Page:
Developers continue to push the envelope on iPhone application development, skirting the bounds of Apple's development guidelines and discovering means for implementing undocumented, pioneering functionality. The latest breakthrough comes from Innerfence software, and is best described by its author: "Go somewhere; do something; come back."
Most iPhone applications offer a one-way street when it comes to accessing other applications' functionality. Click on a URL in Mail, for instance, and you are transported to Safari. In order to get back to Safari though, you need to click the home button then tap the Safari icon again. In other words, once transported to a new app, you are (in a sense) marooned there.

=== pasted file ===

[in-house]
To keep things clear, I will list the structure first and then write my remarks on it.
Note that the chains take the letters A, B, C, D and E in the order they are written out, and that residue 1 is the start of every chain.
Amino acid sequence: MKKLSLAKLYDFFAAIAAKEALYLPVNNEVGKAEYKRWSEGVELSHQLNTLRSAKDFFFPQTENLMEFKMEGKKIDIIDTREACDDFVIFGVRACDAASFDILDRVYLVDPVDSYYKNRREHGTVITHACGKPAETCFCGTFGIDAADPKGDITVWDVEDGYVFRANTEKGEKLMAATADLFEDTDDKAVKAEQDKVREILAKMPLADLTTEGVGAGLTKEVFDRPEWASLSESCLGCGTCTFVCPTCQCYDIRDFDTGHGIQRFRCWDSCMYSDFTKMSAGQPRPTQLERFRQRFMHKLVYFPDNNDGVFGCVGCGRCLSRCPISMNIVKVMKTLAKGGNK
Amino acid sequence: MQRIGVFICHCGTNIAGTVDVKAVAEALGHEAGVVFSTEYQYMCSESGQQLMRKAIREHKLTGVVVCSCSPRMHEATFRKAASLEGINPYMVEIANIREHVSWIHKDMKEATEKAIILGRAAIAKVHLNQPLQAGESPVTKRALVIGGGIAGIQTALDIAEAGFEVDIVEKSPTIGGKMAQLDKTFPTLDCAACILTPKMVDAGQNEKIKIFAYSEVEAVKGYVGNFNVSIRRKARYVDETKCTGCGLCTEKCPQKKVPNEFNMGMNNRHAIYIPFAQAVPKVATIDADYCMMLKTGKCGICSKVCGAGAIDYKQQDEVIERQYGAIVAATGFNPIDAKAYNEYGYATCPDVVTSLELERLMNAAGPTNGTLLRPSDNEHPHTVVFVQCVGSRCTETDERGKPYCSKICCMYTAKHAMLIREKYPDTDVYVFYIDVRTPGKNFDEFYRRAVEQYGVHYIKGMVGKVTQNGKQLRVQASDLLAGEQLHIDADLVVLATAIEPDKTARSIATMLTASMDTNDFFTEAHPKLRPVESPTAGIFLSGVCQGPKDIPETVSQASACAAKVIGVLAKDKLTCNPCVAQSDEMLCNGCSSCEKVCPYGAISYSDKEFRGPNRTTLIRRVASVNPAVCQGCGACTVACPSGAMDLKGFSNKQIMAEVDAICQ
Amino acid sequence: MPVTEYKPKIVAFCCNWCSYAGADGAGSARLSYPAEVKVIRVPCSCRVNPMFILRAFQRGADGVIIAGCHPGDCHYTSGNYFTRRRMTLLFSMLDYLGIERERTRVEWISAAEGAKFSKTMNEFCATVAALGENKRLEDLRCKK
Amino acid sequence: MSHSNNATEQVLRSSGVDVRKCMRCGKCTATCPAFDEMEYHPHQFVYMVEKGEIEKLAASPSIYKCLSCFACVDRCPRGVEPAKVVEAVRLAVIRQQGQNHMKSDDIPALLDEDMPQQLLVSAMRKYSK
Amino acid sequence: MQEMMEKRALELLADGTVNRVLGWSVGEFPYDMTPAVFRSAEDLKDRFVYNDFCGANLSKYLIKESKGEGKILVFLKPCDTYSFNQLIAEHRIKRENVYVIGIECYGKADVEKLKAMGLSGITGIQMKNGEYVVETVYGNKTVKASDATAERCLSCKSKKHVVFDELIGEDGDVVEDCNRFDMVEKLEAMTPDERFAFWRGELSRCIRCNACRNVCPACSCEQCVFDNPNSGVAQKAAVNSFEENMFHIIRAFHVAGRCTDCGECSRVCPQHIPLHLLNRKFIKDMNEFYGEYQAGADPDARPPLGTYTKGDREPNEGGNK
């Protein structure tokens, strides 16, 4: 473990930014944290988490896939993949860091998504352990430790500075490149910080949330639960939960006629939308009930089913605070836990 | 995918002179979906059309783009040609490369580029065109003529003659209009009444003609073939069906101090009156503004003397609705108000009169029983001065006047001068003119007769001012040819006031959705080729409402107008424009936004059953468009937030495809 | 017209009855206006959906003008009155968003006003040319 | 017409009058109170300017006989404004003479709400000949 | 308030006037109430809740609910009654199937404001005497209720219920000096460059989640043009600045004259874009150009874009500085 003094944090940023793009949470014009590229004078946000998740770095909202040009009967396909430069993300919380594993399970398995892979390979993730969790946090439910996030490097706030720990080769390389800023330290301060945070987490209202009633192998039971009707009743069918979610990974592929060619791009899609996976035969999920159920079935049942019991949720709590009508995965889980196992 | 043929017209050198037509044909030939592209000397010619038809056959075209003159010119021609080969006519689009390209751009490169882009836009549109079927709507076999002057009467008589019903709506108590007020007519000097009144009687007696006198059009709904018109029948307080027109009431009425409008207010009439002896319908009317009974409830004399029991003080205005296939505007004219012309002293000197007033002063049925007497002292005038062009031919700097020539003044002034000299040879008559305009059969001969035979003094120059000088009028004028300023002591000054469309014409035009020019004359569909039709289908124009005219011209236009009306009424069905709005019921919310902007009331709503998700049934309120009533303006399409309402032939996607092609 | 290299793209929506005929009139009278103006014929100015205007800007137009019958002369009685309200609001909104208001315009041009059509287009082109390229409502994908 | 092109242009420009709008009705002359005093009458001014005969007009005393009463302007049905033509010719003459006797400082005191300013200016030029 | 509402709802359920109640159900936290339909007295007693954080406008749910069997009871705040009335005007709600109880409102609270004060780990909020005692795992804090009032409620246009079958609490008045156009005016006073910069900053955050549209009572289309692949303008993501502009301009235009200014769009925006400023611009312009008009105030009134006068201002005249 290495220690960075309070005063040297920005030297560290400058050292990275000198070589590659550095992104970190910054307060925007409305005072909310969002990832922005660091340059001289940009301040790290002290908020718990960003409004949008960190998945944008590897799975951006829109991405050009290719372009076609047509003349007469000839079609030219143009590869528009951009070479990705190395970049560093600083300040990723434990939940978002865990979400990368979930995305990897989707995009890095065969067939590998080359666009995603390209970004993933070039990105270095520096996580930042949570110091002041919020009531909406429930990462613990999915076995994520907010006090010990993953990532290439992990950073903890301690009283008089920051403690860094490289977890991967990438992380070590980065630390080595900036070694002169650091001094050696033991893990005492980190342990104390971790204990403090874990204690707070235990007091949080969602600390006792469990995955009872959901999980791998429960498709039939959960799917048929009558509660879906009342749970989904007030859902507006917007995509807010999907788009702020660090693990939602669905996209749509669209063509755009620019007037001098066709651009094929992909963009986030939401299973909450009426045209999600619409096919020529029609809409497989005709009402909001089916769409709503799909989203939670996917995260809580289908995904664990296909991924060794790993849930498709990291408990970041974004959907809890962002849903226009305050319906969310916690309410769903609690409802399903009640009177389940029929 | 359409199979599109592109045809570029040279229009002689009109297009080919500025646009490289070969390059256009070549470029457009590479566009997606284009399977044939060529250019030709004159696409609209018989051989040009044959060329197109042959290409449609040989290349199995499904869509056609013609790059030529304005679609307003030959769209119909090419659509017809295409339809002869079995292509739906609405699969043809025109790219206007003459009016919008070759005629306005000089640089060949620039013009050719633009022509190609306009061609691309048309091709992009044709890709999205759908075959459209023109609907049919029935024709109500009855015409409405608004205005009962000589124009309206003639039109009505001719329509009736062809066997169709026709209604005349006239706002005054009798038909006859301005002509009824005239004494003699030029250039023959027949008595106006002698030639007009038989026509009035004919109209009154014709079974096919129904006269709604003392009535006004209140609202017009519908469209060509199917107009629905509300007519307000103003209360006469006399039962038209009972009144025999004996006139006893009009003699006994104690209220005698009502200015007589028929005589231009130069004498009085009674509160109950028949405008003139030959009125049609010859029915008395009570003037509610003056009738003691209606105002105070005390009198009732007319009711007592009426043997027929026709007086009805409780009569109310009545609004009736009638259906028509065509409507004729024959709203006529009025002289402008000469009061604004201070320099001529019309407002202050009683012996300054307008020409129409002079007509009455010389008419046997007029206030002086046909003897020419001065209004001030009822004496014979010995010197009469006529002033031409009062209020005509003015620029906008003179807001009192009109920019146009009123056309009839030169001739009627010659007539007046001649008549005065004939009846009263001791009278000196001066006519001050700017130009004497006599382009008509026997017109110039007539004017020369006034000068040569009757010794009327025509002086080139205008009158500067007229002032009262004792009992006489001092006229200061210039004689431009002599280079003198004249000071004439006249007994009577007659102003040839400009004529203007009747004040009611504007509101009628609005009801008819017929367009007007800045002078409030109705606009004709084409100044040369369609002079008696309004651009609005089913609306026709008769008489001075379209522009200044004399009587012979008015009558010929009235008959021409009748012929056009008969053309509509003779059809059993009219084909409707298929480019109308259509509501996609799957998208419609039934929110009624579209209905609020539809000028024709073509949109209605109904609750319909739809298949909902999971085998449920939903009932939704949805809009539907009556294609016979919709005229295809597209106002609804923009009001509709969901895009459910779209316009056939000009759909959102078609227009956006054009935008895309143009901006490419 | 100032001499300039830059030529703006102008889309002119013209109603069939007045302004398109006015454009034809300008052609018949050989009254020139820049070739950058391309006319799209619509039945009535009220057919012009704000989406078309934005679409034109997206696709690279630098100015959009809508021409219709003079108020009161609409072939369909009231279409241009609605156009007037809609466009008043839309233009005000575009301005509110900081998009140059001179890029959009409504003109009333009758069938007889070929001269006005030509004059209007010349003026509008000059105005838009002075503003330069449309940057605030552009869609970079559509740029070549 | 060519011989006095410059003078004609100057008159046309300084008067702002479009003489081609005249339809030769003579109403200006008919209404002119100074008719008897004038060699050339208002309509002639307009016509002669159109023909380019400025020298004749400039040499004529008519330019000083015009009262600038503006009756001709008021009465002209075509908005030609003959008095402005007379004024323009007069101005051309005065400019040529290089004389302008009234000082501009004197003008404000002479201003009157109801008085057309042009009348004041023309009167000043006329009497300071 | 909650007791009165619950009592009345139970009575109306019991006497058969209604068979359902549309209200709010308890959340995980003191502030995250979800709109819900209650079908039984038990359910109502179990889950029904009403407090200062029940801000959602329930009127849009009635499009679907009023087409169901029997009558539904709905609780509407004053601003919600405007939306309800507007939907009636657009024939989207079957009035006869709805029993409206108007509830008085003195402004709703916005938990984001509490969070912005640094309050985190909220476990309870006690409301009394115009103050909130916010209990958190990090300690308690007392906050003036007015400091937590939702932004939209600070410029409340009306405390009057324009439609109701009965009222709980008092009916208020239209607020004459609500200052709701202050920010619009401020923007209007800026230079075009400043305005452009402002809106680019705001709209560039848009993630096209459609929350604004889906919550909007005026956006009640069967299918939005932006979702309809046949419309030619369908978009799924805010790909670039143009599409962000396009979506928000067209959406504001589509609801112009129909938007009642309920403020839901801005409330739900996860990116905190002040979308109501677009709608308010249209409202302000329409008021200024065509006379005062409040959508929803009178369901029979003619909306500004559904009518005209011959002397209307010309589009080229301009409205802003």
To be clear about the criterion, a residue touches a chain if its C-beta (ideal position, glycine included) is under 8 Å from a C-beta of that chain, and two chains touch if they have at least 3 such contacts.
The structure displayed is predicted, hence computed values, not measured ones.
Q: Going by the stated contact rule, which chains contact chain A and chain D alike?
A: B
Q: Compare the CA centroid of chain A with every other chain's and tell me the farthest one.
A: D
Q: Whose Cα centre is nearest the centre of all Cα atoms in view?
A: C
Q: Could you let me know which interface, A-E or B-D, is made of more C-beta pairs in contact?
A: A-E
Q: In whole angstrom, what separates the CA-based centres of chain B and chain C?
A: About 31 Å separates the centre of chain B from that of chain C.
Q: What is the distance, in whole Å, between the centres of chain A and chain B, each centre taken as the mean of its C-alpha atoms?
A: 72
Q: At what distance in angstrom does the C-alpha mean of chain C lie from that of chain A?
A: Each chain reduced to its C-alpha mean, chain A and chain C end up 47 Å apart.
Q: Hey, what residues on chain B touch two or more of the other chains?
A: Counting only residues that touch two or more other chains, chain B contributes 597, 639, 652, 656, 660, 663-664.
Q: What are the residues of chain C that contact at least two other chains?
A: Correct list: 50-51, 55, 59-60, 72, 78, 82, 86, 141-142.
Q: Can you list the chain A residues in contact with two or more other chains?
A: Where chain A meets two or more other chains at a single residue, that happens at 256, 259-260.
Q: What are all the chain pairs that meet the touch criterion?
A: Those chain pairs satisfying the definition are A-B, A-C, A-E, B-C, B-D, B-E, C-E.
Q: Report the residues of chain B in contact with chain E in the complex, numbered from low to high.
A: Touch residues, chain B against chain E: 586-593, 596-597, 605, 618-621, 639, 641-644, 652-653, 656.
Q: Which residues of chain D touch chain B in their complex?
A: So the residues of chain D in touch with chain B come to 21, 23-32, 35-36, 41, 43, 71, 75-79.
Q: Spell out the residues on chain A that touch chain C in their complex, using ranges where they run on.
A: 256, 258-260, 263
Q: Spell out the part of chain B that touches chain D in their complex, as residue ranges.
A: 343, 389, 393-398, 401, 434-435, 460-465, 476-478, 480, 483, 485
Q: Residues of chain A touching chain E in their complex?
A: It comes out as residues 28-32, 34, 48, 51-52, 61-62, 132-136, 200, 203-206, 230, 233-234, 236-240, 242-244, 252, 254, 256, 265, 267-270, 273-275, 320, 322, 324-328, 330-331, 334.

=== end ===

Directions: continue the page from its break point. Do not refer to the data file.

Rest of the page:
Innerface gets around this limitation by exploiting Apple's URL-based method for applications to communicate with each other. Via URL schemes in applications' respective Info.plist files, said apps can communicate and pass control between one another.
Developers from Innerface have posted source code for the scheme, but they note a few security ramifications:
"By registering to handle a URL scheme, an iPhone app becomes a de facto web app, subject to many of the nasty attacks that work on the web. Apps implementing this scheme must be careful to validate any parameters they get from the URL lest they be vulnerable to old friends like SQL injection."